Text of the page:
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Boldly trying to get to bulid! (Read 3102 times)
zac_in_ak
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Boldly trying to get to bulid!
Jul 19th, 2007 at 5:41pm
 
Ok Folks  I am at the point of planning right before building I have some nice koa and spruce and I am ready to go! but some question especially for the advanced guys. I am planning to float the fingerboard on a neck extention I was planning on using a rod of carbon fiber to run under the extention. I also wanted to relocate the sound hole to the upper bout (right side as you are looking at it. on the other bout on the side I was thinking of putting a sound port..am I crazy btw this is with a soprano. The plan I have only has bracing on either side of the soundhole..with the whole top free to vibrate do you think I should brace somewhere else or to brace near the new soundhole location?

Thanks Guys!
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konacat
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Re: Boldly trying to get to bulid!
Reply #1 - Jul 20th, 2007 at 12:10pm
 
Zac,

I know you have been itching to build so go at it.  Are you crazy? Well you do live in Alaska and you are about to build a Ukulele.   Grin Grin

A soprano size ukulele is not real big and few that I know of have a lot of fingerboard on the body. I’m not sure if your ambitious idea of a floating fingerboard is necessary. I only know of one person who uses this and that would be Rick Turner and his Compass Rose ukulele. As far as I know he only builds tenor size so there is a lot more head area and the fingerboard goes to the sound hole. Here is a link to read more about it and see a photo. http://uketalk.com/reviews/compass-rose.html

If you wish to alter the sound hole you will need to be a little careful. Because of the small size of the soprano it would be difficult to use a normal sound hole diameter in the upper bout. Of course if you add a sound port you could then make the sound hole smaller and it might fit. Personally, I really like the look of the double puka on the upper bout. Something about the two holes gives me an aesthetic look of balance. My plans include a double puka uke in the future. You will need to be careful to balance the size of your sound hole and sound port. The total area of these holes directly affects the air movement and resonance. Check the archives as Mike Chock has detailed this several times on this forum.  As far as bracing, maybe those more experienced can chime in.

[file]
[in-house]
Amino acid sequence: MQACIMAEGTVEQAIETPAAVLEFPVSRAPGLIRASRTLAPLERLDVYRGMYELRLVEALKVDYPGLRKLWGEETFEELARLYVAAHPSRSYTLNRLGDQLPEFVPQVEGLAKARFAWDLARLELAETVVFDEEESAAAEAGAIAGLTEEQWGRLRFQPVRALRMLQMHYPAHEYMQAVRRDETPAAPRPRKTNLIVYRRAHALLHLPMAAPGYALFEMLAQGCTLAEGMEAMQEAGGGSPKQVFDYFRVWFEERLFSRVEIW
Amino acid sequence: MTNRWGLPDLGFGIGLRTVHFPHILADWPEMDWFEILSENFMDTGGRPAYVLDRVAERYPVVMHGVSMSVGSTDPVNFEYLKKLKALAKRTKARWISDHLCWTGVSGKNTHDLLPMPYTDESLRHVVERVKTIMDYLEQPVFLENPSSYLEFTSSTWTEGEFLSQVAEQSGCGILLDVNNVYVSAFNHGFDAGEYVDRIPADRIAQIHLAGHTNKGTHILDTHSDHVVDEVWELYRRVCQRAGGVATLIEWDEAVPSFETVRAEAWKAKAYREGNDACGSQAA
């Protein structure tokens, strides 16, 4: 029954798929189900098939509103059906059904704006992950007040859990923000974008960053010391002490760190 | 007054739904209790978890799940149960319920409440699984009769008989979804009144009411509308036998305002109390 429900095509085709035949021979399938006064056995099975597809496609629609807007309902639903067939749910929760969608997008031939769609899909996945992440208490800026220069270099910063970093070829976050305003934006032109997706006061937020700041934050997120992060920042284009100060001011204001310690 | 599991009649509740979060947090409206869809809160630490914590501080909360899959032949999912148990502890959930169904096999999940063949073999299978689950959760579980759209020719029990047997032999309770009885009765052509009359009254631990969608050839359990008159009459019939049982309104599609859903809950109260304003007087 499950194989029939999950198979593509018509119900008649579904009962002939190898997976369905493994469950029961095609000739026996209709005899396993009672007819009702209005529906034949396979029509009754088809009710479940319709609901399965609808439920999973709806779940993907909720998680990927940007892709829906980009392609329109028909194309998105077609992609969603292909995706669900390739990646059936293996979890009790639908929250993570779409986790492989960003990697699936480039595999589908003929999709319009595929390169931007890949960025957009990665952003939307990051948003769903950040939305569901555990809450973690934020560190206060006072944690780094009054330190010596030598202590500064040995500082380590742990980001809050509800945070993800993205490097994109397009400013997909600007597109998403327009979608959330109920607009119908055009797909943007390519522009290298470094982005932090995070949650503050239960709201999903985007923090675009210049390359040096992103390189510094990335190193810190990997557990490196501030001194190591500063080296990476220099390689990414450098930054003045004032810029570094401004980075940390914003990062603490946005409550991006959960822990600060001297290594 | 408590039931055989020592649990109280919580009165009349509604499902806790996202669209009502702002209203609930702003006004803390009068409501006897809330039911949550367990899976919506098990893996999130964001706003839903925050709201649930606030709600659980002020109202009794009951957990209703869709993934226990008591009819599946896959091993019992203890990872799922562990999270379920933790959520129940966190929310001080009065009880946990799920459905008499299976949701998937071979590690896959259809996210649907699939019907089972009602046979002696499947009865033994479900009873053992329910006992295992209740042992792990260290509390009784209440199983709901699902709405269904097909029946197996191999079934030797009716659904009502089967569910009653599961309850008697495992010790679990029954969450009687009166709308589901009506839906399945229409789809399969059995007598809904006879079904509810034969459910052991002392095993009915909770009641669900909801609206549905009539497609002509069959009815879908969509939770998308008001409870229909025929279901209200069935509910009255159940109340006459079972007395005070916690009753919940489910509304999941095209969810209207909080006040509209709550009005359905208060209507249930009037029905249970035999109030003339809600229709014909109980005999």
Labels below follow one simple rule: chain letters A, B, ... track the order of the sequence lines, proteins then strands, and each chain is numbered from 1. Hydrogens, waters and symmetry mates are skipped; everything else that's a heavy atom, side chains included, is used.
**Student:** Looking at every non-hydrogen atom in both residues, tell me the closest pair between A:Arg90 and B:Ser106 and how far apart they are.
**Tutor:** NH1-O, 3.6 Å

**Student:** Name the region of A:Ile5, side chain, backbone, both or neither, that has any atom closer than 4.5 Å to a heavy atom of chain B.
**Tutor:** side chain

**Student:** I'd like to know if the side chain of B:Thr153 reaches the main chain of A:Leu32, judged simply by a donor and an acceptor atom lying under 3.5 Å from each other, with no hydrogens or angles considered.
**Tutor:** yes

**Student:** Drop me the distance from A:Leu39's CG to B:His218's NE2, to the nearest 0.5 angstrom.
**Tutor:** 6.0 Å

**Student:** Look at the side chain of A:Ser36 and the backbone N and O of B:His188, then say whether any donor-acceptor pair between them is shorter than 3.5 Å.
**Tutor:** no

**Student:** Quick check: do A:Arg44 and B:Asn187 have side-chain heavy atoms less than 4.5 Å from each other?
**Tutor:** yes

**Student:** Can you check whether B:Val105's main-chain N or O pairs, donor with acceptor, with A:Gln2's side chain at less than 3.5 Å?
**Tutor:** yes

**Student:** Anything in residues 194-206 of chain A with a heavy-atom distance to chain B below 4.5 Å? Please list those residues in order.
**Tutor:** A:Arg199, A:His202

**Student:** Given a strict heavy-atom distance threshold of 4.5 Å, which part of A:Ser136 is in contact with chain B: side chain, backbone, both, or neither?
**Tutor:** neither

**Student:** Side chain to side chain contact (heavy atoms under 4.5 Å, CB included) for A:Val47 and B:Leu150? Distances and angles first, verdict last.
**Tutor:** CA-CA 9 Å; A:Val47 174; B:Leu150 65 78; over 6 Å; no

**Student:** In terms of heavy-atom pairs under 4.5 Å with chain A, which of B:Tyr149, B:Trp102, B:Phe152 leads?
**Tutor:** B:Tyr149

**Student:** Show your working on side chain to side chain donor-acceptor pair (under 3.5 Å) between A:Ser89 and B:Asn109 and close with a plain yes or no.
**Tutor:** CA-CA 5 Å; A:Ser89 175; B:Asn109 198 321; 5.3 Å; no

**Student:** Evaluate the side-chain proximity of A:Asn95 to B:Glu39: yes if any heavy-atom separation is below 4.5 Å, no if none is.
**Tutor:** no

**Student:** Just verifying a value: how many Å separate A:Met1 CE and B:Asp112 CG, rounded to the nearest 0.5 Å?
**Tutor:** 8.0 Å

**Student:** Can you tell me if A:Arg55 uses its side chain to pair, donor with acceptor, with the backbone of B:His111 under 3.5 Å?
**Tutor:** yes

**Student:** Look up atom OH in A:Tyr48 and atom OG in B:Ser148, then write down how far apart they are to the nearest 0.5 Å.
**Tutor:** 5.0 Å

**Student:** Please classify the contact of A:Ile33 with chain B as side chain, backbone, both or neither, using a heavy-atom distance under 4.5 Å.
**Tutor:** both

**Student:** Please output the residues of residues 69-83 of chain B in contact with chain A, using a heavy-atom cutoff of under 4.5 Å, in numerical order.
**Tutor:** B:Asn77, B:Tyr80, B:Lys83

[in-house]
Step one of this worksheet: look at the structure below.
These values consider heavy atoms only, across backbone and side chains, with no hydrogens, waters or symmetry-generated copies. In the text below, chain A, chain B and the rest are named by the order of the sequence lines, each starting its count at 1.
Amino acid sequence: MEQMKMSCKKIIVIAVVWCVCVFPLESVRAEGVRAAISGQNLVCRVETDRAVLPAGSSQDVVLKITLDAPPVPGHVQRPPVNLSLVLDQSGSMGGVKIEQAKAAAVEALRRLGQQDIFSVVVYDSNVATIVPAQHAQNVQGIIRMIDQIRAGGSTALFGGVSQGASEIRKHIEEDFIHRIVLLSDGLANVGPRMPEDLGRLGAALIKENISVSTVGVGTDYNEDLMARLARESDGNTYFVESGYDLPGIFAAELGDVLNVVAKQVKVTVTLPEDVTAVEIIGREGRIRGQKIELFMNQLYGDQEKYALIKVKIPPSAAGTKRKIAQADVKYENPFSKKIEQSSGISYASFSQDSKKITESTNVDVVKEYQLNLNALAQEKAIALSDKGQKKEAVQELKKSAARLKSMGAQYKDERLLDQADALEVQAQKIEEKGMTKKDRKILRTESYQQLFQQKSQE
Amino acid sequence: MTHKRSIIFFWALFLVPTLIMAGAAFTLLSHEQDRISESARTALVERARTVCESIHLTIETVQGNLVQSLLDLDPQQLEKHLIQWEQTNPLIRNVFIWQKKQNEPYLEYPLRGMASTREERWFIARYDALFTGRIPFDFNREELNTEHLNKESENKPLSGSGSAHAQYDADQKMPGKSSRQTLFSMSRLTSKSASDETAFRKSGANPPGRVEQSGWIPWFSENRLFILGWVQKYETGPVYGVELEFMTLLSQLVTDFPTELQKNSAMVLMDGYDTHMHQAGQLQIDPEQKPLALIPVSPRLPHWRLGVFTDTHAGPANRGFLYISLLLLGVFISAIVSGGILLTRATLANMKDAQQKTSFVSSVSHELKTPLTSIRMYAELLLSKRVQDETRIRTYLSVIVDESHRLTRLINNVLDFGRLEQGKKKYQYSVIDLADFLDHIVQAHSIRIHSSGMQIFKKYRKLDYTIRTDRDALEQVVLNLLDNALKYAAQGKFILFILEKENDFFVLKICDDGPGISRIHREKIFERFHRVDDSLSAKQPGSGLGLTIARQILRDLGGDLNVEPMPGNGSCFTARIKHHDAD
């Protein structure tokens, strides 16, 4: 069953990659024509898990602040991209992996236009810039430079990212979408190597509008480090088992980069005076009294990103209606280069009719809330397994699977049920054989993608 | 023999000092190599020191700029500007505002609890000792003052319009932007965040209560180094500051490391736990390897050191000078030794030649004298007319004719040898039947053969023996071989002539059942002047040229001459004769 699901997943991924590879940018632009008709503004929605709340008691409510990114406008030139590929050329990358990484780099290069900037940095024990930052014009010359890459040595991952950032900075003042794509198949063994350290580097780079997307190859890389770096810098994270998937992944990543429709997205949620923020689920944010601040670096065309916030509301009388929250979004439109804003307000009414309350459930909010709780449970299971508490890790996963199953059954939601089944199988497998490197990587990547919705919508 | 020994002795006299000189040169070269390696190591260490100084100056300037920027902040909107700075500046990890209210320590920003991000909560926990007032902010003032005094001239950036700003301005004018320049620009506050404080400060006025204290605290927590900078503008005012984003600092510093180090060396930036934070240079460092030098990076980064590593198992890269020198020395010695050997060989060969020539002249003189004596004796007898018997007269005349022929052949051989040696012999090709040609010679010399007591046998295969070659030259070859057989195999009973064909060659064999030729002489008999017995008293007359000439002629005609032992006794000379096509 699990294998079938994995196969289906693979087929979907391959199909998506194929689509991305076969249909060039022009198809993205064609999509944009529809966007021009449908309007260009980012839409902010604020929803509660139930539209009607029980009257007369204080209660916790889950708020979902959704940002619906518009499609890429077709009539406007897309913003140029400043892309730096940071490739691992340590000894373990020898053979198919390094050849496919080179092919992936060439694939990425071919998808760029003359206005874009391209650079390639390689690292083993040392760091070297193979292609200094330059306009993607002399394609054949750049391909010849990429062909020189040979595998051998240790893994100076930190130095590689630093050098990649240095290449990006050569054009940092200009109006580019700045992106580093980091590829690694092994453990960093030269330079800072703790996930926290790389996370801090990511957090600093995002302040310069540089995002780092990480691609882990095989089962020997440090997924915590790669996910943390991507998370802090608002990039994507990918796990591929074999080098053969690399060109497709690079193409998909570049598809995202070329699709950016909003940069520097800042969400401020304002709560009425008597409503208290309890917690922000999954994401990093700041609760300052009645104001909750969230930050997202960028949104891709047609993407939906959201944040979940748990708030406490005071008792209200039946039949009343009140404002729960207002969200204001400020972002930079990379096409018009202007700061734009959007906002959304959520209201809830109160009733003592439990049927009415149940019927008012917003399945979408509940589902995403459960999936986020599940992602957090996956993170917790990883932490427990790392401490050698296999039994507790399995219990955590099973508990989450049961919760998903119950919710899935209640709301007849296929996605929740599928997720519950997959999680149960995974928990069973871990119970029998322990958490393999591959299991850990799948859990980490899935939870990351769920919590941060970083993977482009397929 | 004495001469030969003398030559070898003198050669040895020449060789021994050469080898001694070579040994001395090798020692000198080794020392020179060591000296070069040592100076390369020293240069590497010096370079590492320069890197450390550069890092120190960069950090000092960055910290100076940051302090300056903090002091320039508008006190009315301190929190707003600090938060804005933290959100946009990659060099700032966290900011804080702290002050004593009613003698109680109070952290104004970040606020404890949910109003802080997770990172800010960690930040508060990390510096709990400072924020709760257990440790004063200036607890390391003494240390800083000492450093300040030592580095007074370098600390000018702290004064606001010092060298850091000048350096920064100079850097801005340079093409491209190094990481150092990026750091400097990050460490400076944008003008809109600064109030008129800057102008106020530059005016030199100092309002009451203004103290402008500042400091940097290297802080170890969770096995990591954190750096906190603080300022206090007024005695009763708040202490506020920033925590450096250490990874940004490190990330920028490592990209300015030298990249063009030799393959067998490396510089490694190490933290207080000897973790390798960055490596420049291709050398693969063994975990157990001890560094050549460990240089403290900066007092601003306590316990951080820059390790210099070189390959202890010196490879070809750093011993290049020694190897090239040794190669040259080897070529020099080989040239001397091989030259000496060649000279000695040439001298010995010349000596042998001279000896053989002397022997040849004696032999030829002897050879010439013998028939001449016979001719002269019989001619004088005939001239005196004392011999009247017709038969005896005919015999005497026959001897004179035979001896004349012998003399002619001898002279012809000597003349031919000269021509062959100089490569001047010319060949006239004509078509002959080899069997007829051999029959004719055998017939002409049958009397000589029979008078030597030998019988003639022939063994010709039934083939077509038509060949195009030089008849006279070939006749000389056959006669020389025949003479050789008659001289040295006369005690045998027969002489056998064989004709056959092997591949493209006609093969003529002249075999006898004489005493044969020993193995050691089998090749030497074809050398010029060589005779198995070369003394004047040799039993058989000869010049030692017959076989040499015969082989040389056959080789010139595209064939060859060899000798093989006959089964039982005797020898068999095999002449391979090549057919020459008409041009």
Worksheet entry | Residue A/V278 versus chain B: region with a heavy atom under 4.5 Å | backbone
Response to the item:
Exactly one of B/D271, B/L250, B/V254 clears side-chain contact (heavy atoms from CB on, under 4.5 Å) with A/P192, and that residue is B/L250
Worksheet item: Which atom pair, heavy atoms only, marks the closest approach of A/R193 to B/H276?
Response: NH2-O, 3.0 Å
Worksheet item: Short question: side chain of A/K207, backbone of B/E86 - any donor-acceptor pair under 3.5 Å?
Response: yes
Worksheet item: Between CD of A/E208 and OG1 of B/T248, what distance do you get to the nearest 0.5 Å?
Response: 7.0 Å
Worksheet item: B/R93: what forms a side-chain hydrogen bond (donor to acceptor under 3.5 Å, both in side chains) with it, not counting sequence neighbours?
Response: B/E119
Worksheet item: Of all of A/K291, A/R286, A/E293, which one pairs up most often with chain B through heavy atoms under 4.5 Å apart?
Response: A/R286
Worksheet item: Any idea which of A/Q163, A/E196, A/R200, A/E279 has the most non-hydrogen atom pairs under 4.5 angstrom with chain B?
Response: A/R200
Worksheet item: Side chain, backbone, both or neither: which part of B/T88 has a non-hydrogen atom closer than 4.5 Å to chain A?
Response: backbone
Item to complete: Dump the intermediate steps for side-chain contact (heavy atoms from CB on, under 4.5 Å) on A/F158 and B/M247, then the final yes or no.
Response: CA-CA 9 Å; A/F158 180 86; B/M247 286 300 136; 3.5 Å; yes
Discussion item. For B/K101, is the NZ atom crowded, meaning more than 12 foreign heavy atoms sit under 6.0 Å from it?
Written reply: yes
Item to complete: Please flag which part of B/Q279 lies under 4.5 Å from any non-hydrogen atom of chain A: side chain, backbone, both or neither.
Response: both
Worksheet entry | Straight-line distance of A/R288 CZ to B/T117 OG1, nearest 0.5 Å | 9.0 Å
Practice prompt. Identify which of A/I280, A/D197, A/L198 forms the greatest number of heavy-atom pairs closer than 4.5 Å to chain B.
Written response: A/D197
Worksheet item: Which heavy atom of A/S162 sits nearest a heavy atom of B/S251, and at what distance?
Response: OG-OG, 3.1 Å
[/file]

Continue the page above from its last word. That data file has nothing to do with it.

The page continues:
Now a few hints from some one who is woodworking and musically challenged. Keep it simple! If it were me, I would follow the plans to the T. Get some experience under your belt and then be progressive. Always mark you pieces to indicate what side is what and what direction they go. Keep a centerline on everything that has a center. By the way a string pulled taught really helps visually. Always draw your patterns to size and then a second line outside. This will allow you to size down during assembly to get an exact fit. This also avoids the “oh my god! It’s too small now” problems. Do not rush the bending process. You are working with the wood not forcing it into submission. Taking your time and feeling the wood is better then hearing that awful cracking sound as your sides become useless. Take extra care in positioning your bridge since you are setting the scale length and this directly effects your intonation. Don’t forget to add compensation to your scale length figure. I personally like the look of the pinless non tie bridge (see photo). Always measure at least twice before you cut. Don’t be afraid just take your time. Rushing leads to errors. You don’t need to worry too much about errors if you take your time. You will probably make a mistake here and there anyway as we ALL do. The good thing is that you have this forum and the OLF to come to your assistance to make it right if something unexpected happens.  Remember to post photos at the end or as you go. Here is photo of mine before I changed the neck and refinished it. Sorry this is so long.

...
...

Best of Luck

Philip
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« Last Edit: Jul 20th, 2007 at 4:47pm by konacat »  
 
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zac_in_ak
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Re: Boldly trying to get to bulid!
Reply #2 - Jul 20th, 2007 at 3:52pm
 
Thanks Philip!